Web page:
Pope Sixtus V Pope Sixtus V (13 December 1521 – 27 August 1590), born Felice Piergentile, was head of the Catholic Church The Catholic Church, also known as the Roman Catholic Church, is the , with 1.3 billion Catholics . As the world's old ...

Pope Sixtus V
was the first to distribute this administrative business among different congregations of cardinals; and in his
Apostolic Constitution An apostolic constitution ( la, constitutio apostolica) is the most solemn form of legislation Legislation is the process or product of enrolling, enacting, or promulgating Promulgation is the formal proclamation or the declaration that a ...
''
Immensa Aeterni Dei ''Immensa Aeterni Dei'' is an apostolic constitution in the form of a papal bull issued by Pope Sixtus V on 22 January 1588. The constitution reorganized the Roman Curia, establishing permanent congregation (Roman Curia), congregations of cardinal ...
'' (22 January 1588) he generalized the idea, already conceived and partly reduced to practice by some of his predecessors, of committing one or another case or a group of cases to the examination, or to the decision, of several cardinals. By a judicious division of administrative matters, he established that permanent organization of these departments of the Curia, which since then have rendered such great services to the Church. The congregations at first established by
Sixtus V Pope Sixtus V (13 December 1521 – 27 August 1590), born Felice Piergentile, was head of the Catholic Church The Catholic Church, also known as the Roman Catholic Church, is the List of Christian denominations by number of members, la ...

Sixtus V
were officially designated as * Congregation for the Holy Inquisition *Congregation for the Signature of Grace *
Congregation for the Erection of Churches and Consistorial Provisions A congregation is a large gathering of people, often for the purpose of worship Worship is an act of usually directed towards a . For many, worship is not about an emotion, it is more about a recognition of a God. An act of worship may be pe ...
*
Congregation for the Abundance of Supplies and Prosperity of the Church's Temporal Dominions A congregation is a large gathering of people, often for the purpose of worship Worship is an act of usually directed towards a . For many, worship is not about an emotion, it is more about a recognition of a God. An act of worship may be pe ...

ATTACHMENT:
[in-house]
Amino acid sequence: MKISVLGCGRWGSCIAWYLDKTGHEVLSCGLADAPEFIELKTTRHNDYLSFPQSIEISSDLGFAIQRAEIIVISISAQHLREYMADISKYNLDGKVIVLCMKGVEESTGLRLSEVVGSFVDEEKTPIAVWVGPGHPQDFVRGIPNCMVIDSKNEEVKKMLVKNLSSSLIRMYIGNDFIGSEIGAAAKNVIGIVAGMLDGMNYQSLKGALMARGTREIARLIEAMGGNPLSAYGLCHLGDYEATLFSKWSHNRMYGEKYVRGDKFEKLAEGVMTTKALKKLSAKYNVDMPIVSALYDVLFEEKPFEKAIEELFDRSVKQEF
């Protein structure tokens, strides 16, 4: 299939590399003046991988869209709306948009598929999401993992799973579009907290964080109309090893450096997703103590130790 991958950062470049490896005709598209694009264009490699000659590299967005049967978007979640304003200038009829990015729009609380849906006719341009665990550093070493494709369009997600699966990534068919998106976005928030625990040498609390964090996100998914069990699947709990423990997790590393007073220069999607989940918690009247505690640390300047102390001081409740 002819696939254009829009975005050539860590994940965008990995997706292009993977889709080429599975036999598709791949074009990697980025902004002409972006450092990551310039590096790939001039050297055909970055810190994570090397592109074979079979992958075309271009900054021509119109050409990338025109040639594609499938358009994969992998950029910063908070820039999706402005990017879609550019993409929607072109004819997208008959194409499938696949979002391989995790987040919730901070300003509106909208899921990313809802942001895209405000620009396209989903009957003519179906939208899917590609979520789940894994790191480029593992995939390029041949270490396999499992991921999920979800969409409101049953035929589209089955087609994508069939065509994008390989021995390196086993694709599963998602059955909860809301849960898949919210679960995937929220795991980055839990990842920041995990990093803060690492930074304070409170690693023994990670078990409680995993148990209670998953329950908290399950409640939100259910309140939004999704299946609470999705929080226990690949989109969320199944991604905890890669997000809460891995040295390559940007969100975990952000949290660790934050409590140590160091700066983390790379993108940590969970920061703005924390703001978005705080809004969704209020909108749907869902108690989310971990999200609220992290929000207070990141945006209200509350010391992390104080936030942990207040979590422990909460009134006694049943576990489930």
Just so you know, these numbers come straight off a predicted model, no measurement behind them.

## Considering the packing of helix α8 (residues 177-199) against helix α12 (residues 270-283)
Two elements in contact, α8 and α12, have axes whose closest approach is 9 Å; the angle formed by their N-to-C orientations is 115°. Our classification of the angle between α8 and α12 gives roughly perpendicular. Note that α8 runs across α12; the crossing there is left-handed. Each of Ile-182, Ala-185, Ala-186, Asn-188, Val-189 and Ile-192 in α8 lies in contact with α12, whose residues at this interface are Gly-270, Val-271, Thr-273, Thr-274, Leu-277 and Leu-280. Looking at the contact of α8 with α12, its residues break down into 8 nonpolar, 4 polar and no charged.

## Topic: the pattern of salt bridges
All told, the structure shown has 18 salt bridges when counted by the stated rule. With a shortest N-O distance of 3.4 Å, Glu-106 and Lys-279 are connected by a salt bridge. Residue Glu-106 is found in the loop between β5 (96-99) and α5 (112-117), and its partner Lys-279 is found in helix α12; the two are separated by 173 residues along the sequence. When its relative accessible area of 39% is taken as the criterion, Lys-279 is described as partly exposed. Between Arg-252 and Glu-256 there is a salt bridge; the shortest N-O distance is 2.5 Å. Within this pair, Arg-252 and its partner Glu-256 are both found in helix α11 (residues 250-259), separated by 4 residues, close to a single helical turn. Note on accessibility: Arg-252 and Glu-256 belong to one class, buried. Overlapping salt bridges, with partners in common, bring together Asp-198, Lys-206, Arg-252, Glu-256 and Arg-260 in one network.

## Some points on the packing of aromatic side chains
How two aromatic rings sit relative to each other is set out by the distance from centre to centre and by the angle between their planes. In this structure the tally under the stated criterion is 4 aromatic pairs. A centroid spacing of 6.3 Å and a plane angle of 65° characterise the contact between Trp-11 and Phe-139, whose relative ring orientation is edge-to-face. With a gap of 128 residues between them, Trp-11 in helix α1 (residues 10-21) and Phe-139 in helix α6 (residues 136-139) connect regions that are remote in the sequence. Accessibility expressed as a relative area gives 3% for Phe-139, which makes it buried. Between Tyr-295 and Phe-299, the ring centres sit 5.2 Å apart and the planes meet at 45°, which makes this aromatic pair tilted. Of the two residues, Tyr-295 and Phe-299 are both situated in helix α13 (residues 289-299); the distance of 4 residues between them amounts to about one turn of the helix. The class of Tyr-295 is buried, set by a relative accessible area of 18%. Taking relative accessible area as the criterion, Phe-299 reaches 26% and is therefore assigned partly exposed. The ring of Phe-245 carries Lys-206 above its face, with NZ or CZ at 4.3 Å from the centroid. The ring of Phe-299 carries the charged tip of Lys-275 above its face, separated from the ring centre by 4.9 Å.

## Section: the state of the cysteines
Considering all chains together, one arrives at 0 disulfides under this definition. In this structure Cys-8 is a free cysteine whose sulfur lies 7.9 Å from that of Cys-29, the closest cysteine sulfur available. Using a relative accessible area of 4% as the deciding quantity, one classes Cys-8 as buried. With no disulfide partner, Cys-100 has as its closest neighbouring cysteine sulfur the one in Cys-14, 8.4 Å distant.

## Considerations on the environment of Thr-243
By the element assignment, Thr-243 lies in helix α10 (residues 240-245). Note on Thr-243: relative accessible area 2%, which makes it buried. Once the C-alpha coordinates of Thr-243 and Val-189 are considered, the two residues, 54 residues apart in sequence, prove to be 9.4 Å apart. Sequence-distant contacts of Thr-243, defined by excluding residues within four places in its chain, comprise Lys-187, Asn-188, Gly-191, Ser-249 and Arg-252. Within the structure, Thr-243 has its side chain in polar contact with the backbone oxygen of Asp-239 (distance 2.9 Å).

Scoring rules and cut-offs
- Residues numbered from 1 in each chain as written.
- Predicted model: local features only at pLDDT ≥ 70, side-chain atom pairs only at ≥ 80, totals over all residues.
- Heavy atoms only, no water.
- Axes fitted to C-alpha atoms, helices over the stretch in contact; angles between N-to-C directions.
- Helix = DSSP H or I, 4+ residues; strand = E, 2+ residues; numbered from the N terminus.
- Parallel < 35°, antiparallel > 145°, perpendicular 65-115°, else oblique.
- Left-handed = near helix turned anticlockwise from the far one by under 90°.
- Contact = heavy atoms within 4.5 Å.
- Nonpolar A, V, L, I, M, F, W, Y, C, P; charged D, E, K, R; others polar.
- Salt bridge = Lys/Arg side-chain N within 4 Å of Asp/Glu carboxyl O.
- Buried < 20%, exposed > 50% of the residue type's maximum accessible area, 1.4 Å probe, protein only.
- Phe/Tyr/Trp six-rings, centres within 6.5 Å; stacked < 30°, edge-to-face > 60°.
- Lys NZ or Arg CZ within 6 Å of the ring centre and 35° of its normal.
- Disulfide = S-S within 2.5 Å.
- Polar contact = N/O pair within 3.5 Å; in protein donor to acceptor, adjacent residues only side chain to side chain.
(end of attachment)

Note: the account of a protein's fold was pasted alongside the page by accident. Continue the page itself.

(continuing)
* Congregation for Sacred Rites and Ceremonies *
Congregation for Equipping the Fleet and Maintaining It for the Defence of the Church's Dominions A congregation is a large gathering of people, often for the purpose of worship Worship is an act of religion, religious wikt:devotion, devotion usually directed towards a deity. For many, worship is not about an emotion, it is more about a reco ...
*
Congregation for an Index of Forbidden Books The ''Index Librorum Prohibitorum'' ("List of Prohibited Books") was a list of publications deemed heretical Heresy is any belief or theory that is strongly at variance with established beliefs or customs, in particular the accepted beli ...
*
Congregation for the Execution and Interpretation of the Council of Trent A congregation is a large gathering of people, often for the purpose of worship. Congregation may also refer to: *Church (congregation), a Christian organization meeting in a particular place for worship *Congregation (Roman Curia), an administra ...
*
Congregation for Relieving the Ills of the States of the Church A congregation is a large gathering of people, often for the purpose of worship. Congregation may also refer to: *Church (congregation), a Christian organization meeting in a particular place for worship *Congregation (Roman Curia), an administra ...
*
Congregation for the University of the Roman study , type = Congregation , seal = Coat of arms Holy See.svg , seal_size = 100px , seal_caption = Coat of arms of the Holy See , logo = , picture =Via della Conciliazione din Roma1.jpg , picture_caption = Palazzo delle Congregazioni in Piazza P ...
(or school) * Congregation for Regulations of Religious Orders *Congregation for Bishops, Congregation for Regulations of Bishops and Other Prelates *Congregation for Taking Care of Roads, Bridges, and Waters *Congregation for the Vatican Printing-Press *Congregation for Regulations of the Affairs of the Church's Temporal Dominions While the chief end of the Congregations of Cardinals was to assist the sovereign pontiff in the administration of the affairs of the Church, some of these congregations were created to assist in the administration of the temporal Papal States, States of the Holy See. The number of these varied according to circumstances and the requirements of the moment; in the time of Cardinal De Luca there were about nineteen of them, as he tells in his "Relatio Romanæ Curiæ forensis", without counting other congregations of a lower order, consisting of prelates, as were, for example, the "Congregatio baronum et montium" and the "Congregatio computorum".


Reform of Pius X